Christianity flourished to different extents three other times before
the 20th century: during the Yuan (1271-1368), late Ming (1368-1644)
and early Qing (1644-1911) dynasties, and after the First Opium War
Both Nestorians and the Catholics arrived in the second wave in the
13th century, and Christianity flourished again mainly among the ruling
Mongols and the ethnic minority groups.
But its influence vanished soon after the Mongols retreated to the northern
grassland when the Yuan Dynasty fell.
Catholic missionaries who arrived from the 16th to the 18th centuries
converted a number of Han including a Chinese prime minister named Xu
Guangqi (1562-1633), but their achievements failed to continue in the
early 19th century for complicated reasons, Wang Meixiu said.
In the late 19th century, Christianity flourished for its fourth time
in China with the arrival of Western colonialists.
St Thomas in Asia
But as it often happens, legends that do not go exactly in line with
the official history have been handed down for millennia.
One of them concerns the arrival of Christianity in China in the 1st
century, said Gu Weimin, historian and professor at Shanghai University,
in his book "Christianity and Modern Chinese Society," published
by Shanghai People's Publishing House in 1996.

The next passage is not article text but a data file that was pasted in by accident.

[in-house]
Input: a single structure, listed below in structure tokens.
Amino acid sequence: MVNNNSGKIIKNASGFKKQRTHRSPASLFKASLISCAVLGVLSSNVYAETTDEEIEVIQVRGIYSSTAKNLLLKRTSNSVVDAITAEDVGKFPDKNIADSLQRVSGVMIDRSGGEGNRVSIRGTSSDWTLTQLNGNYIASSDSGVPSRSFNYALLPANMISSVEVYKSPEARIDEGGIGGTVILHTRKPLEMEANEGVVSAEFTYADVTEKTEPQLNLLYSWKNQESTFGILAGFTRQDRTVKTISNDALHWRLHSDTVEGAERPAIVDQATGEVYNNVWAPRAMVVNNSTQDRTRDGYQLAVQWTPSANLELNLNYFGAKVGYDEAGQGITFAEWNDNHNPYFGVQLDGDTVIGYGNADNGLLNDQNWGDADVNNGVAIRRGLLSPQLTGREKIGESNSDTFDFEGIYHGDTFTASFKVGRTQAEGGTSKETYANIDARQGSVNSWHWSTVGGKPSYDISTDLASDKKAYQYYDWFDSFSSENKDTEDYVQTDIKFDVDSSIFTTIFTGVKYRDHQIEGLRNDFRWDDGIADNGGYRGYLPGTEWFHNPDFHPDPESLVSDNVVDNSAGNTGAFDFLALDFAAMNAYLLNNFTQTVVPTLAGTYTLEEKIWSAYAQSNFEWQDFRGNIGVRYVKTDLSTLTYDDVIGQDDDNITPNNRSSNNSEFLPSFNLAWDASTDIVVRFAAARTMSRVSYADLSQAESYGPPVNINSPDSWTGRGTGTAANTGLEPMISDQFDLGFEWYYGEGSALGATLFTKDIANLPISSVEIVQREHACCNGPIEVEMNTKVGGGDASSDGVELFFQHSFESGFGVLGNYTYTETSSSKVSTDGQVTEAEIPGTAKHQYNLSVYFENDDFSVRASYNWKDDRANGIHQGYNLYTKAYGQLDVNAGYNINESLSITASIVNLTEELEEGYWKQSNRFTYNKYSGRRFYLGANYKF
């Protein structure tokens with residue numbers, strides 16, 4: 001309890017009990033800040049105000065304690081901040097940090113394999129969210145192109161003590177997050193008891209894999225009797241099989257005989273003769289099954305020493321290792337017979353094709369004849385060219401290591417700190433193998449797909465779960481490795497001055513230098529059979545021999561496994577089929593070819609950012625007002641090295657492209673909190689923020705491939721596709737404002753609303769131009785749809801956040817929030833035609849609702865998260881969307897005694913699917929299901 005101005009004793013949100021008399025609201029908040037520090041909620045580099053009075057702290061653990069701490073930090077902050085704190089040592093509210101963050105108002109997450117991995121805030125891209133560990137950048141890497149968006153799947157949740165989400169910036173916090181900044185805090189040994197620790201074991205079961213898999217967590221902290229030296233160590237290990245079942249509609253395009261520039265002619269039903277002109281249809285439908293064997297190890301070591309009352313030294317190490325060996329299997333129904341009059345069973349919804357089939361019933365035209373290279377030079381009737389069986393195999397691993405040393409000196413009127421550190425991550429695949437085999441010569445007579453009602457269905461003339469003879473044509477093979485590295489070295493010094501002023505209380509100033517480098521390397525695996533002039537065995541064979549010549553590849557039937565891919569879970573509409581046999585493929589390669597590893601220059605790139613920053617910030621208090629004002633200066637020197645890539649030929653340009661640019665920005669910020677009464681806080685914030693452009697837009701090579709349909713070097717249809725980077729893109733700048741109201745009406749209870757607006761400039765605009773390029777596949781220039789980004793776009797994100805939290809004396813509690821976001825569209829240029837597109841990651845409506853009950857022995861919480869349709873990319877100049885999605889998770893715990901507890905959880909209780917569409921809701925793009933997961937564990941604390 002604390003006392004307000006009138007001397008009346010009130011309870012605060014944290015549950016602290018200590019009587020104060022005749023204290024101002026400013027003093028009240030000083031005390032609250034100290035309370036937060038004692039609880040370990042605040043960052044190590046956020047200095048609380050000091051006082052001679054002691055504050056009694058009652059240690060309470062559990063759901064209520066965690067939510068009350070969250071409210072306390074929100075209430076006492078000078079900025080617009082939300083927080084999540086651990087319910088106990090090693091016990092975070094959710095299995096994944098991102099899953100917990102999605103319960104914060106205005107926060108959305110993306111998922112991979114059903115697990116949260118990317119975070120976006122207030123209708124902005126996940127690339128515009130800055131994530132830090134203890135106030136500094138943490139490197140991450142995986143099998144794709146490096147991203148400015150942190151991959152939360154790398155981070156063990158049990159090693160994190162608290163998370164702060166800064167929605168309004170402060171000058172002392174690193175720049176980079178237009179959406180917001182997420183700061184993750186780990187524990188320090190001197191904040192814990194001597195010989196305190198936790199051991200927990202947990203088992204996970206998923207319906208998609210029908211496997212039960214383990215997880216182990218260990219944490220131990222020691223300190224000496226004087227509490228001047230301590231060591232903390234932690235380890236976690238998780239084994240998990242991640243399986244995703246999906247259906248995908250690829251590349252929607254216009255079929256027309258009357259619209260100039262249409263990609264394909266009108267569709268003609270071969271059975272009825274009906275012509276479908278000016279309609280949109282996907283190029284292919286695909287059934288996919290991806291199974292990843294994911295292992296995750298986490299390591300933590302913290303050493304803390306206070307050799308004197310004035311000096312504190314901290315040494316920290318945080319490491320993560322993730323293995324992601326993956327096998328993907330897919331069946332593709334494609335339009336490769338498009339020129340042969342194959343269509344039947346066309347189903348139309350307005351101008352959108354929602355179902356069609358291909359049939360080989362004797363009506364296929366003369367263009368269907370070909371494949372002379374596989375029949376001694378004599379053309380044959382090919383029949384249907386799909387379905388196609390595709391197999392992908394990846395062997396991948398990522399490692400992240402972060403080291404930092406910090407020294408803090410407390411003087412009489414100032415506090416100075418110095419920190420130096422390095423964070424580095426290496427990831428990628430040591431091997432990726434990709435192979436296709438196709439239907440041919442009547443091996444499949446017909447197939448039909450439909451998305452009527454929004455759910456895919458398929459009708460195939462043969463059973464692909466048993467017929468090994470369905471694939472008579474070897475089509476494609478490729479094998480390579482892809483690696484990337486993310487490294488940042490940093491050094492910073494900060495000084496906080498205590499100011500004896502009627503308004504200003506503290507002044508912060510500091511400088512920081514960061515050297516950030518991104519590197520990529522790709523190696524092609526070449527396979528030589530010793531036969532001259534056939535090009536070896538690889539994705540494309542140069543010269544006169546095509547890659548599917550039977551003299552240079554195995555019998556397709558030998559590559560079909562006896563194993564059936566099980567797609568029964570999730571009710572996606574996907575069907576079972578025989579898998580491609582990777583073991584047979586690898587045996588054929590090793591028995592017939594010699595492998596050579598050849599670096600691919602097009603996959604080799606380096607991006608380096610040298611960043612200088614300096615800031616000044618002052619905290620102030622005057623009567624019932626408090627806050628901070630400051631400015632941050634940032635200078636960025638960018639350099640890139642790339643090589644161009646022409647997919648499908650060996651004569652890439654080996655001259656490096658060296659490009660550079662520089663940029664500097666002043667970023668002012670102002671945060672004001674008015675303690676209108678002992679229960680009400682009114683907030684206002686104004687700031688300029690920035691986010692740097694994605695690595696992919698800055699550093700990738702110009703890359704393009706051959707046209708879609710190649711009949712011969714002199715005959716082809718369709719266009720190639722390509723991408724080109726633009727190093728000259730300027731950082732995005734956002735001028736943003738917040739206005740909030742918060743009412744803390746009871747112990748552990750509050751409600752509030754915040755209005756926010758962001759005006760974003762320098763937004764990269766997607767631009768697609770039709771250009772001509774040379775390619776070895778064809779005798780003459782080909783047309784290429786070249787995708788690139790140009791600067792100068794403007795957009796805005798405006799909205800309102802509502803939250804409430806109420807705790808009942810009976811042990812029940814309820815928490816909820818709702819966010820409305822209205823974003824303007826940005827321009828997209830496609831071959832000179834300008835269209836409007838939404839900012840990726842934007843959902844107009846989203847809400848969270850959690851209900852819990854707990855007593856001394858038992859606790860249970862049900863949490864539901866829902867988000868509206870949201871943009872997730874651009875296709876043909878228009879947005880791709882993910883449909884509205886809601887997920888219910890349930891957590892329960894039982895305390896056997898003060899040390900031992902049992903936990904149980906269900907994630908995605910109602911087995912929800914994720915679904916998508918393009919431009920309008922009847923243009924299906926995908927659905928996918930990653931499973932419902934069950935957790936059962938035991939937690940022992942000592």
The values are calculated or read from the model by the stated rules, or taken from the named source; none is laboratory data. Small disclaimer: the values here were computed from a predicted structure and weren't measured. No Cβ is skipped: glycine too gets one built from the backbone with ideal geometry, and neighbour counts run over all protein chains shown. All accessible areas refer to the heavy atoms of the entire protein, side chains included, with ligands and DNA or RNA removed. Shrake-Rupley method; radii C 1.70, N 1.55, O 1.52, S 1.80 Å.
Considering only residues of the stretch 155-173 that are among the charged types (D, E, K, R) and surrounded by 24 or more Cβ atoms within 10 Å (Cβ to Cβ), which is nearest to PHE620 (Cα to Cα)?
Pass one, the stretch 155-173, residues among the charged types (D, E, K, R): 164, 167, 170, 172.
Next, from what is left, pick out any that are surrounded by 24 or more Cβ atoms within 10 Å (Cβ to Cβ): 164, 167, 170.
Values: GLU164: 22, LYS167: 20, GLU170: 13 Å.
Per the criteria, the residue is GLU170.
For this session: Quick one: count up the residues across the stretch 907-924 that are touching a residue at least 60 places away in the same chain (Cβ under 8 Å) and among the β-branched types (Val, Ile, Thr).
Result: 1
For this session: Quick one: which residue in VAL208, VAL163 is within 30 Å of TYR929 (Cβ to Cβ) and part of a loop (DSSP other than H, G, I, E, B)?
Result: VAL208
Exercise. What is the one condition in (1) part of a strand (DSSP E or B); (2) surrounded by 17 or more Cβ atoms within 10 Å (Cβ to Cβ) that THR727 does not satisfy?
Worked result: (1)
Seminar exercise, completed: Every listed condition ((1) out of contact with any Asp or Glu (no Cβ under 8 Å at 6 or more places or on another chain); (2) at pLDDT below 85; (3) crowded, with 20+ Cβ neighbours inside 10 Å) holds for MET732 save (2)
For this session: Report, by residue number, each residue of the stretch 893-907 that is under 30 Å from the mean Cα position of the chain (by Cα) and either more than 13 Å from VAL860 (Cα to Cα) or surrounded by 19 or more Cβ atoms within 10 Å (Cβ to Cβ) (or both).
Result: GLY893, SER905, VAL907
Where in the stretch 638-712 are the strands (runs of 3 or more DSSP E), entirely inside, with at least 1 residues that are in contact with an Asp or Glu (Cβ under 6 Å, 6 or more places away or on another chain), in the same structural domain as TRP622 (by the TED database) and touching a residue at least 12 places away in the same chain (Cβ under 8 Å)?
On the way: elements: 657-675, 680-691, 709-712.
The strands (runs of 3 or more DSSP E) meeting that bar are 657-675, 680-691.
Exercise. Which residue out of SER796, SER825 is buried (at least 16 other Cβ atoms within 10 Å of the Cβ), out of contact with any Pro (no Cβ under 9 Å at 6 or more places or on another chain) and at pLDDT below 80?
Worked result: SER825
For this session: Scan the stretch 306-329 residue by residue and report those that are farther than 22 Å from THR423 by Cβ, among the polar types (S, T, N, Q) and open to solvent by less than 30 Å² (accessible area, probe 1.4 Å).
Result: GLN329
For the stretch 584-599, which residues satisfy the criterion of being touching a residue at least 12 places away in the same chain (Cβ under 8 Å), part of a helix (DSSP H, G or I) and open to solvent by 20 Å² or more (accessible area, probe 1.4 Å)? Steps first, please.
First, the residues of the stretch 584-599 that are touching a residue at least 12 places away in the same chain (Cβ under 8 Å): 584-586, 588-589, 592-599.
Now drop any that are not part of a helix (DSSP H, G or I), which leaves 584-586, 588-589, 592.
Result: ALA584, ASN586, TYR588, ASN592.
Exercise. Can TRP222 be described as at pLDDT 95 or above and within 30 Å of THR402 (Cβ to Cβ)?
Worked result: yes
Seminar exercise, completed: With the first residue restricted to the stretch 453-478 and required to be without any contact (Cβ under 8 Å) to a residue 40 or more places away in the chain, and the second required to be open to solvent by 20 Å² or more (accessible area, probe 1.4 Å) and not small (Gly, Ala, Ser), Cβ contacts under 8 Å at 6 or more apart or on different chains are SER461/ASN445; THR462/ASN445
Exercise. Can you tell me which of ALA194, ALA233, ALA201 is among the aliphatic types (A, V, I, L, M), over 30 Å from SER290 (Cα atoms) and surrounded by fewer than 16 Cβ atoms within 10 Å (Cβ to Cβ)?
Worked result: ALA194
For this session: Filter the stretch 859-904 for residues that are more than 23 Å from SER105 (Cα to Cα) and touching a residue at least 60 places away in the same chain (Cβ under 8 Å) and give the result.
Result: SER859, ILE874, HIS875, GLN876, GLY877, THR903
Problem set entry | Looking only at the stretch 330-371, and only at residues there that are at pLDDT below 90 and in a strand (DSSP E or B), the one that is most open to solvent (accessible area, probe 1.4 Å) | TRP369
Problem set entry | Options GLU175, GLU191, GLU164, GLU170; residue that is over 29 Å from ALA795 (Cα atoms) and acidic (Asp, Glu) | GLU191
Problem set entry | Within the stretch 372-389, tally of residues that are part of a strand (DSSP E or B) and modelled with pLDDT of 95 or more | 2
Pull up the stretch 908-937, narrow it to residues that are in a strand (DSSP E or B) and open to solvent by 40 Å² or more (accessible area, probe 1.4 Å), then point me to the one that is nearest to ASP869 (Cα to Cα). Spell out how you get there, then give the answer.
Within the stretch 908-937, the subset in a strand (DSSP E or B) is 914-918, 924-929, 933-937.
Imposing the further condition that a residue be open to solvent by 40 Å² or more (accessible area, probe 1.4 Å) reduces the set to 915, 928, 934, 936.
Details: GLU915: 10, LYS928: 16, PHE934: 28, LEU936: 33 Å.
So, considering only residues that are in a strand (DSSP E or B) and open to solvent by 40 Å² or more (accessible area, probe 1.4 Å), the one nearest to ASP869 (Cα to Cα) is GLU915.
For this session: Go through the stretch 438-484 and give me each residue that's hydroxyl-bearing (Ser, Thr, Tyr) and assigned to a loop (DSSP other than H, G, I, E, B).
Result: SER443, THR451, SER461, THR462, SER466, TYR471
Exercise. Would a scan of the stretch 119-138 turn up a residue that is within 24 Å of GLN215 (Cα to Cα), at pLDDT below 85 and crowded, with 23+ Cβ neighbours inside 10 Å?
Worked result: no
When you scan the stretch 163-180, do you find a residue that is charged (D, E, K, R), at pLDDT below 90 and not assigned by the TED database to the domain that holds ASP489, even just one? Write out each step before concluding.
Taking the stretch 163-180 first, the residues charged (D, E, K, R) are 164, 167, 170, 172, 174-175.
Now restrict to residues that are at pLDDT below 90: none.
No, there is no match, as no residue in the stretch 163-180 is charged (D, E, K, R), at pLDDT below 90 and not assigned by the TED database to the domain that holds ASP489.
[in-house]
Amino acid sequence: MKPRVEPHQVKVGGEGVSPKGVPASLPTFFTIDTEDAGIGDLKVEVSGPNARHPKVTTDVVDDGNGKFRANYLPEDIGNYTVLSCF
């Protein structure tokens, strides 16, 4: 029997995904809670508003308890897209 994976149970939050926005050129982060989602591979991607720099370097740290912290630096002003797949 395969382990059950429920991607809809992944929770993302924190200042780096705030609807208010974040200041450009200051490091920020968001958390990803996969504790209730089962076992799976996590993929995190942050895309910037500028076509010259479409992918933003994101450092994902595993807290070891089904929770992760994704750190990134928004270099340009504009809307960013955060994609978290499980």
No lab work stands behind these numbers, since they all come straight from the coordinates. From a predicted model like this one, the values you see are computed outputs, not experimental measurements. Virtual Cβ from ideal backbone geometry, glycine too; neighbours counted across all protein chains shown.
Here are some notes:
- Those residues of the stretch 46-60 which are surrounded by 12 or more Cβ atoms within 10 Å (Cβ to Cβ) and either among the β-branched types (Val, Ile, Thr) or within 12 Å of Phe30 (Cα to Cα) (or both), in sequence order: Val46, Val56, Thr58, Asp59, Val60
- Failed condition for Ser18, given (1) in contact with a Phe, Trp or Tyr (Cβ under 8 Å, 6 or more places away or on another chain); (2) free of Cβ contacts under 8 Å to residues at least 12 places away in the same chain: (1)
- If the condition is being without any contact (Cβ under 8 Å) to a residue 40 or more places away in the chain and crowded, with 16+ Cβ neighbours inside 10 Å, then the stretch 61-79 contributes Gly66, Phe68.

According to the legend, St. Thomas, one of the 12 Apostles, left Jerusalem
for Babylon and from there sailed to India. He landed in Cranganore,
now called Kodungallur, on the southwestern coast of India, about 1,300
kilometres south of Bombay.
Legend says that after Thomas established a base of operations there,
he headed for China. He was killed in India in AD 72 after he returned
from the trip.
Both J. Xaveriana (1506-52) and Matteo Ricci (1552-1610), two of the
most influential missionaries from the Society of Jesus, claimed in
their writings that they found evidence supporting that Thomas had made
his way to China successfully. They said they were quoting evidence
from documents in Indian and Roman churches, Gu said.
"If St Thomas really made it, he should have left some clues for
us to find," he added.
One of those clues could be the 10 stone bas-reliefs in the aristocrat's
tomb, which, archaeologists have determined through various methods
including carbon dating, was built during the Eastern Han Dynasty.
"The owner of the tomb, about whom little has been known, was probably
a Christian, though he was not necessarily converted by St Thomas or
his disciples," Professor Wang Weifan said.
"It was natural that people had a statement made in their tombs
of their identities," remarked Qi Tieying, president of the Yanjing
Seminary in Beijing. "It happened that Christians usually buried
a copy of the Bible with them.